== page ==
Enjoying EarthSky? Subscribe.

121,367 subscribers and counting ...

By in
| Earth on Nov 08, 2011

Tornadoes hit Oklahoma on November 7, 2011

Severe weather threat continues on November 8, as storms pushes into Missouri, Arkansas, eastern Texas and Oklahoma and Louisiana. Large tornadoes not expected.

On November 7, 2011, a strong area of low pressure brought severe thunderstorms and localized flooding for portions of Texas and Oklahoma.  The strongest storms occurred in southwest Oklahoma, where all of the parameters early in the day signaled chances for strong tornadoes in the area.  

And tornadoes did strike. Many of the tornadoes that stuck portions of Oklahoma were in rural areas, but they did pack a punch.

Oklahoma is tornado country. According the National Weather Service from Norman, Oklahoma, the state averages 1.4 tornadoes in the month of November.  However, the last time Oklahoma had tornadoes in November was back in 2008.

In 2011, the state of Oklahoma has seen its share of records caused by Mother Nature.  This year, Oklahoma has experienced the  coldest temperature (-31 F on February10, 2011), most snow in 24 hours (27 inches in Spavinaw on February 9, 2011),  highest wind speed (150.8 miles per hour in El Reno on May 24, 2011), EF5 tornado, largest hail (six inches in diameter) and the strongest earthquake of 5.6.  That earthquake was just this past weekend.

Stormchasers provided a lot of great images of the November 7 storms as they developed into supercell thunderstorms. One supercell thunderstorm went through various cycles on its journey to the northeast in southwest Oklahoma.  At 3 p.m. CST, Doppler radar indicated a possible tornado pushing northeast into the city of Tipton, Oklahoma.  In the image below, you can clearly see the hook on the southwest side of the storm indicating rotation in the system.  Stormchasers confirmed that a large tornado was on the ground, and was moving to the northeast.

Supercell thunderstorm containing a tornado as it moves into Tipton, Oklahoma. The hook is where the tornado signature was indicated.

The tornado pushed into the the mesonet station in Tipton, Oklahoma.  The mesonet simply records current weather conditions such as air pressure, temperature, moisture, and wind speeds.  In the image below, you can clearly see a major drop in pressure shortly after 3 p.m. CST at this station.  This was the exact time the tornado was moving into the area.  It is worth noting that the mesonet did not respond after the tornado hit, with zero data pouring into the system. The tornado must have taken out the station.

The mesonet recorded a major drop in pressure and then zero readings. This indicated a tornado hit the mesonet in Tipton, Oklahoma.

This was the same tornado that pushed near Tipton, Oklahoma. Image Credit: Kathryn Piotrowski

Stormchaser Andy Gabrielson was after this supercell in Tipton, Oklahoma.  In the video below, you can see Andy Gabrielson lose steering functions of his vehicle as outflow from the tornado probably pushed his vehicle a bit. Andy tweeted:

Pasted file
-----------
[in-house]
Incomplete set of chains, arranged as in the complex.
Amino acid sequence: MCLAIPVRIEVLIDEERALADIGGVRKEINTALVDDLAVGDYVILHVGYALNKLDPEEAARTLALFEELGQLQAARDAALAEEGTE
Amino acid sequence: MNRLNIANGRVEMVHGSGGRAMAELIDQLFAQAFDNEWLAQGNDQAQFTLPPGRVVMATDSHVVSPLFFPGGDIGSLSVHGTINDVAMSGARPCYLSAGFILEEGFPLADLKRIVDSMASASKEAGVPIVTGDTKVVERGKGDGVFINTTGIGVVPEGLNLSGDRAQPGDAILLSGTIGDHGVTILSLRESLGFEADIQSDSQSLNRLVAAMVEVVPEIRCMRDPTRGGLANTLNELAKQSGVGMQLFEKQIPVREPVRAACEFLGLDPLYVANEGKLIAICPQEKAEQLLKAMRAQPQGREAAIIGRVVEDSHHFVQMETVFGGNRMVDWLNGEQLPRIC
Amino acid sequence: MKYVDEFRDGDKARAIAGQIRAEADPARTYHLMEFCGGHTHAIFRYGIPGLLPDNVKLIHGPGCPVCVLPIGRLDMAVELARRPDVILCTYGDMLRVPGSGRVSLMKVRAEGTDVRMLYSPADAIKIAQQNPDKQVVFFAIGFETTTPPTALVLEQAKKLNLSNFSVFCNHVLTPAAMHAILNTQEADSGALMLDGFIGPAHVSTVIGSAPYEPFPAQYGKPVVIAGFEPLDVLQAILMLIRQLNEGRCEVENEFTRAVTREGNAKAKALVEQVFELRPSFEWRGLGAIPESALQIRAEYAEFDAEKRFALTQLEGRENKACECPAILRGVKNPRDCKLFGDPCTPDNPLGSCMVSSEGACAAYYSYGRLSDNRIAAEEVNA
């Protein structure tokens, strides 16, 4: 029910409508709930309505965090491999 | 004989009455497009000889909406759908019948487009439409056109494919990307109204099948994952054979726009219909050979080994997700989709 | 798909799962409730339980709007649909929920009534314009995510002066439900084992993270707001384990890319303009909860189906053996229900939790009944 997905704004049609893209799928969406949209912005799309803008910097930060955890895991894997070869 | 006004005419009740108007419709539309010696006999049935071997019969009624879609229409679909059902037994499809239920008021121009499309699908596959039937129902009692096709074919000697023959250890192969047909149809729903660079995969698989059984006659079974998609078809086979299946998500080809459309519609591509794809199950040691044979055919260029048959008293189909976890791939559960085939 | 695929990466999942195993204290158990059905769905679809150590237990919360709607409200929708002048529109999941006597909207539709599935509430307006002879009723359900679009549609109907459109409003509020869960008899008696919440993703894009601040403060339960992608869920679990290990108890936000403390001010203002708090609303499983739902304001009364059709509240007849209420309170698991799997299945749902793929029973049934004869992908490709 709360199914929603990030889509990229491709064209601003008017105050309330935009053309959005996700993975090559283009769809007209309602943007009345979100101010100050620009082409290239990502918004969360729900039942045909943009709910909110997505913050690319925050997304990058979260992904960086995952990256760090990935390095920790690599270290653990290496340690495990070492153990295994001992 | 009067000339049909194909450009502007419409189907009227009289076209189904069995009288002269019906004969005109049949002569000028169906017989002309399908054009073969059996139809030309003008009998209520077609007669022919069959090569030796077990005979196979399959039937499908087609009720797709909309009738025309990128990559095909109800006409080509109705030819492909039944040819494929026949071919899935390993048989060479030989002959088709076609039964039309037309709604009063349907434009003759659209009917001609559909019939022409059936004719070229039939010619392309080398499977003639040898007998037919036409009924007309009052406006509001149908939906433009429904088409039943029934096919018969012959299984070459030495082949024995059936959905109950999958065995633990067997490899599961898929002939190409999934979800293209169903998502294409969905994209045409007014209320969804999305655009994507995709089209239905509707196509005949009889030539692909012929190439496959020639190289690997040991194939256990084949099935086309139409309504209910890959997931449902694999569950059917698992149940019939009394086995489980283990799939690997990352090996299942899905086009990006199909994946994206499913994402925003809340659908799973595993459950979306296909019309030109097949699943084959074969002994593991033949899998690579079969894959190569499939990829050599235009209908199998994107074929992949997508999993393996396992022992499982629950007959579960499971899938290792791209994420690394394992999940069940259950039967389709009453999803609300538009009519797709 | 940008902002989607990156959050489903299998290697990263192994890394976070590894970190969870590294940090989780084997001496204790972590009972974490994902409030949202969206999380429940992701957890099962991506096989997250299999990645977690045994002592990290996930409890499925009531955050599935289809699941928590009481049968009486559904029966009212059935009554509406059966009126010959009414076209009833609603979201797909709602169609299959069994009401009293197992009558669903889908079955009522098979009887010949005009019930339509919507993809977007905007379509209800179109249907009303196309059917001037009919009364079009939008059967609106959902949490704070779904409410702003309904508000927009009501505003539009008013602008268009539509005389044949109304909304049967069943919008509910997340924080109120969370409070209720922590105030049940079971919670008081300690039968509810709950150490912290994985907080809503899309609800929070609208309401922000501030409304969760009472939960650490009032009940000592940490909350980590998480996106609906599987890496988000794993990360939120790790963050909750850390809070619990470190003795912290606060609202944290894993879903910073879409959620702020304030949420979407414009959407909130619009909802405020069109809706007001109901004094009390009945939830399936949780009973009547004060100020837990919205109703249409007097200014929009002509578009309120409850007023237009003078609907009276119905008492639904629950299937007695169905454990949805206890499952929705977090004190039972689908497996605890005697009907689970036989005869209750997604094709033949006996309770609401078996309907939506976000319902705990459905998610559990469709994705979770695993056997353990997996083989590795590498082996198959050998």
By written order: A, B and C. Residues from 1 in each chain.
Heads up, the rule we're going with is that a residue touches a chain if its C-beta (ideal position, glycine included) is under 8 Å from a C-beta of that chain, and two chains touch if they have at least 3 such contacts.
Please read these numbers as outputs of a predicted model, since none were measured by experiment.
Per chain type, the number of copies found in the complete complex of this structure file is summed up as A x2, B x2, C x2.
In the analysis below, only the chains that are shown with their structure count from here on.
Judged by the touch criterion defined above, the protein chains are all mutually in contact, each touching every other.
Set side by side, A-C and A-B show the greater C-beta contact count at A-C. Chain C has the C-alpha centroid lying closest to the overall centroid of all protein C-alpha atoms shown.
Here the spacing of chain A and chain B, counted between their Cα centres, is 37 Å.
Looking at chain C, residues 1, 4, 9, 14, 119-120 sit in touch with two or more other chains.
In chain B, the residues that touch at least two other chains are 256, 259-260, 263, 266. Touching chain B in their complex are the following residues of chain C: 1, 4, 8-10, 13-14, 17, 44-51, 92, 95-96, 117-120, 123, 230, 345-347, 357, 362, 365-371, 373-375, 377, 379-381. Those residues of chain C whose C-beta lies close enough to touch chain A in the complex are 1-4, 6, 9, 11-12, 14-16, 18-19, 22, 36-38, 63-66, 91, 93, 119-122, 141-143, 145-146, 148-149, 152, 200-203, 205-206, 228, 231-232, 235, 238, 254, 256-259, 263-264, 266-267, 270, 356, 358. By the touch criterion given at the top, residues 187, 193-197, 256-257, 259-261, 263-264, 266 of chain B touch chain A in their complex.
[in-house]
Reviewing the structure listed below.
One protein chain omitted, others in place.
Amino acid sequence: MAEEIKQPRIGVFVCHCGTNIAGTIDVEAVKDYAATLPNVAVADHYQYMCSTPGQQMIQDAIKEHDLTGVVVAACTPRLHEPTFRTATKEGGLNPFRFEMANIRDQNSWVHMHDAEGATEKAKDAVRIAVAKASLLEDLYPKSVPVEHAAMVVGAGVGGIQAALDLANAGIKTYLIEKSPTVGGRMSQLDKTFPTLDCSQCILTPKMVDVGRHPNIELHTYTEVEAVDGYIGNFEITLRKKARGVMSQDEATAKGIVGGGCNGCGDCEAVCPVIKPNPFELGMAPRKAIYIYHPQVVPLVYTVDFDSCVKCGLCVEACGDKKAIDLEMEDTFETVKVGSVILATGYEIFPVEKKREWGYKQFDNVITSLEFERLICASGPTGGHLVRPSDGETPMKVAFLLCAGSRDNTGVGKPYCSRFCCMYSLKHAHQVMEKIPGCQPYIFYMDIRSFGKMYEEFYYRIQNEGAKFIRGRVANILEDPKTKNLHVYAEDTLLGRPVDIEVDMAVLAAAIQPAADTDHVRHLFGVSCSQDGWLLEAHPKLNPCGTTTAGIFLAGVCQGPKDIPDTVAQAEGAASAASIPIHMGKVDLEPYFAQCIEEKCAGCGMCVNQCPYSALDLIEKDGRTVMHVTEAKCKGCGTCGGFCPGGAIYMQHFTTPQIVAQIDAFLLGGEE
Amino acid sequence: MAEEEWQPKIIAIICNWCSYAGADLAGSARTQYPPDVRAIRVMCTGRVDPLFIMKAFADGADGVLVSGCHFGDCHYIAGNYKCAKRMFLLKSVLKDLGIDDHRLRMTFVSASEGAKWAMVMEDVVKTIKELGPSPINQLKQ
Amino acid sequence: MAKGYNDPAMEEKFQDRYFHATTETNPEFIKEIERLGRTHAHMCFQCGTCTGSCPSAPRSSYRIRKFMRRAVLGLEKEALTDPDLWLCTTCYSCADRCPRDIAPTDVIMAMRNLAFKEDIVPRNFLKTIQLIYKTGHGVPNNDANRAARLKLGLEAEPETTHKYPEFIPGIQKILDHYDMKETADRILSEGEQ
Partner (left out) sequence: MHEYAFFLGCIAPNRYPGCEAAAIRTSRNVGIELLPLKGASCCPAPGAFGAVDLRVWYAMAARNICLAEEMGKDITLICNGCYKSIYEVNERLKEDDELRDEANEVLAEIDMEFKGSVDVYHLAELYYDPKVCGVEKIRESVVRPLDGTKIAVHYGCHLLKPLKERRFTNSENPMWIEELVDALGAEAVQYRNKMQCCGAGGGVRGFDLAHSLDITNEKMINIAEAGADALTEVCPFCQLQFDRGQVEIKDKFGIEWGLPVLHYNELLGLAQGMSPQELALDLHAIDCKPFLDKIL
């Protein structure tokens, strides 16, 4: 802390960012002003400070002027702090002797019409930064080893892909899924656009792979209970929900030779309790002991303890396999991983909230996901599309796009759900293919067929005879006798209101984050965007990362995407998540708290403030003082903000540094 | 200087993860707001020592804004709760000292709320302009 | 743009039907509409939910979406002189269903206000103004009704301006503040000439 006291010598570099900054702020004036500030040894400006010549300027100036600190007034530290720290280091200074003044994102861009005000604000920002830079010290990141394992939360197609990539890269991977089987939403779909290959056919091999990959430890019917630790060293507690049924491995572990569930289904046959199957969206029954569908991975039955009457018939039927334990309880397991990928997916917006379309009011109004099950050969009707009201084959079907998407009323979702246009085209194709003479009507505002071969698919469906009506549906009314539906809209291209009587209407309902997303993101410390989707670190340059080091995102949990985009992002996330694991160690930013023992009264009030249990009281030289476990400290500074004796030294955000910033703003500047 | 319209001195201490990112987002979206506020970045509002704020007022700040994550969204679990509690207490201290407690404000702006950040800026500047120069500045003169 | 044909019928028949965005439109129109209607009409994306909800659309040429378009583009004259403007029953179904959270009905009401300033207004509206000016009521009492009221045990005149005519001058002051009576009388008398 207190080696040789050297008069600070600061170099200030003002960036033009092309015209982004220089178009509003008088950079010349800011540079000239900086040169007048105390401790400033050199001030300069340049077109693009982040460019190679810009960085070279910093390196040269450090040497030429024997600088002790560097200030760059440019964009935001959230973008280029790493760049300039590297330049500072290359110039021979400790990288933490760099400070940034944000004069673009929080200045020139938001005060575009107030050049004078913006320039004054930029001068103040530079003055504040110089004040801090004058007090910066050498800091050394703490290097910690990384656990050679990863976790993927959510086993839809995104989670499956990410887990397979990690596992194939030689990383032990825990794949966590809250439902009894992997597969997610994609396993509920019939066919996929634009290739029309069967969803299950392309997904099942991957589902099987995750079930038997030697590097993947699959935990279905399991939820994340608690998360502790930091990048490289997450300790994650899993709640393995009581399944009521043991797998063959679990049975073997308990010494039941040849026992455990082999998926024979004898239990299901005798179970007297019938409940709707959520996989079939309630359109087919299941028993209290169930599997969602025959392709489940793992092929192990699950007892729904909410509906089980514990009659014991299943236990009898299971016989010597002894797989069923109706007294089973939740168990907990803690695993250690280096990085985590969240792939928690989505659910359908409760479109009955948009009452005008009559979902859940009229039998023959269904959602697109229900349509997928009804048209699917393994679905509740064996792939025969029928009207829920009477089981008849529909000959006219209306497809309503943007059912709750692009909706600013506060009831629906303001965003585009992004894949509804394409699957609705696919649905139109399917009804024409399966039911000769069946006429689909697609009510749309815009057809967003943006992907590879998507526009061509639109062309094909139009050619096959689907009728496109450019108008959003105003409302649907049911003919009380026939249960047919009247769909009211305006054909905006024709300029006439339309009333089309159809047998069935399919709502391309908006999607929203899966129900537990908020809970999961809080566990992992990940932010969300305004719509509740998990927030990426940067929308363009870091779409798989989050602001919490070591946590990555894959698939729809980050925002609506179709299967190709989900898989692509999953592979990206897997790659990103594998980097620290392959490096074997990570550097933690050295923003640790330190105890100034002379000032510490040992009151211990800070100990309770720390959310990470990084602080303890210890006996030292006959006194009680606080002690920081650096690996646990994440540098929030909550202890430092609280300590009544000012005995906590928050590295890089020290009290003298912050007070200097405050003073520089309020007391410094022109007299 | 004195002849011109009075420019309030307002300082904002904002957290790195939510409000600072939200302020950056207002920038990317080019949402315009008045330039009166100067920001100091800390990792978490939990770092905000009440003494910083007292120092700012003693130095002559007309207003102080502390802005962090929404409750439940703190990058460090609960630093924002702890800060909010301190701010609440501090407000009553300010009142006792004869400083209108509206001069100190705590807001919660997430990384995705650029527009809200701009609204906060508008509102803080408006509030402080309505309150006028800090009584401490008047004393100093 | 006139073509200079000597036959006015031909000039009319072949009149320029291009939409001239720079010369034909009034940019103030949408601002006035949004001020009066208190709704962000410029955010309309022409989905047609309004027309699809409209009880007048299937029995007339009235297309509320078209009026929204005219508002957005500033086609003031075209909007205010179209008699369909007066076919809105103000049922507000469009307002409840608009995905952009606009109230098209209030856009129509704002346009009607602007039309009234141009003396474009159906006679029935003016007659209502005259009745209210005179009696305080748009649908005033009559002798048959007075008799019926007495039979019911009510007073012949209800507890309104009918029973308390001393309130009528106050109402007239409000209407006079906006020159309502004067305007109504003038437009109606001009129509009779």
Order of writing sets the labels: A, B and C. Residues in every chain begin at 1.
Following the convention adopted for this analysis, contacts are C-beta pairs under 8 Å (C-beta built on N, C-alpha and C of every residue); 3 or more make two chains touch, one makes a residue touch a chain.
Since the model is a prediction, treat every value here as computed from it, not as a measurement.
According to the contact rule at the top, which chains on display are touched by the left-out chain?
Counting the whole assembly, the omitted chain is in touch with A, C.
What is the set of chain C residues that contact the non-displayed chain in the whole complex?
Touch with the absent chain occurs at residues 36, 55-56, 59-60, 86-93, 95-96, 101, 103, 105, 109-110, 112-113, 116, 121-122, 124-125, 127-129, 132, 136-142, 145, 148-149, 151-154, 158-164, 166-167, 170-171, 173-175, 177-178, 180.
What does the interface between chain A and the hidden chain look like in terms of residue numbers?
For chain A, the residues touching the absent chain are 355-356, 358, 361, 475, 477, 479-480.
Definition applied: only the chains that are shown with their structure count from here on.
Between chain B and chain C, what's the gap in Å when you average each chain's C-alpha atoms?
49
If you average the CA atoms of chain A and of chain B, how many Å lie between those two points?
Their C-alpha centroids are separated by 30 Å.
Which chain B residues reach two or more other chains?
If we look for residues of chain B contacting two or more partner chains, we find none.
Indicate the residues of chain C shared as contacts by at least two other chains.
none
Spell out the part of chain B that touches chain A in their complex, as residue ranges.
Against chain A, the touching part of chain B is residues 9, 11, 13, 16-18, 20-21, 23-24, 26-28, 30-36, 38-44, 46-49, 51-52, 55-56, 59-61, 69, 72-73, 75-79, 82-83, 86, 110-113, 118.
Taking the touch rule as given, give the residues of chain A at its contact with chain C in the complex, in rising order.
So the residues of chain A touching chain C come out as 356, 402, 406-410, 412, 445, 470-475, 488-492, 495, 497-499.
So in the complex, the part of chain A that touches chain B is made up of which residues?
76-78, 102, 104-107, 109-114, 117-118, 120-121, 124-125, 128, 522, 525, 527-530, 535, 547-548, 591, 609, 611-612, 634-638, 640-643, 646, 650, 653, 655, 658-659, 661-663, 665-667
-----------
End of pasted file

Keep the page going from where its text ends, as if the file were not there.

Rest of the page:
The accident WAS NOT due to the tornado my steering jammed up forcing me sideways while in reverse hit a ditch incline and it went over. Yes i am fine.

Andy is doing well and was actually picked up by stormchaser Reed Timmer from the show Stormchasers on the Discovery channel. This video is the reason no one should be on the roads during a tornado outbreak! Remember, those storm chasers have specially equipped vehicles.

The storm fluctuated in intensity, going through cycles of increased and decreased development as it continued to push to the northeast.  It began to indicate a small debris ball and stronger rotation as it neared Mountain Park, Oklahoma and pushing just to the south and east of Cooperton, Oklahoma.

Tornado signature in both reflectivity and velocity mode near Mountain Park, Oklahoma around 3:45 p.m. CST.

Towards the end of its track, the storm came close to Alden, Oklahoma.  Fortunately, by then, the system was weakening as it started to move more to the north instead of the northeast.  The environment was becoming less susceptible  for strong, long-lived tornadoes as individual supercells were growing in size and starting to form into a line of storms.

Rotation was not as strong as the one in Tipton, Oklahoma, but the storm had it's eyes set on Alden, Oklahoma before it weakened. A tornado was indicated north of the city.

The individual storms became a linear system producing very strong winds.  There was a report of a 81 mph wind gust two miles north-northwest of Perkins, Oklahoma at 8:30 p.m.  These line of storms were moving rather slowly and producing very heavy rain.  The National Weather Service at Norman, Oklahoma reported a swift water rescue going on at NW 122nd and Macarthur in Oklahoma City as a motorist was stuck in flooded vehicle. Around 8:45 p.m. , a 4.7 earthquake struck about 17 miles northeast of Shawnee, Oklahoma while the severe weather event was underway.  Crazy!

Storms became linear and were becoming a flood threat for portions of Oklahoma. NWS in Norman, Oklahoma urged all motorists to stay off the roads and to turn around, don't drown. Image Credit: NWS

The severe weather threat continues on November 8, 2011, but it should only become a wind threat as a line of storms pushes into Missouri, Arkansas, eastern Texas and Oklahoma and Louisiana.  A few tornadoes are possible, but the ingredients for an outbreak of strong, large tornadoes are minimal.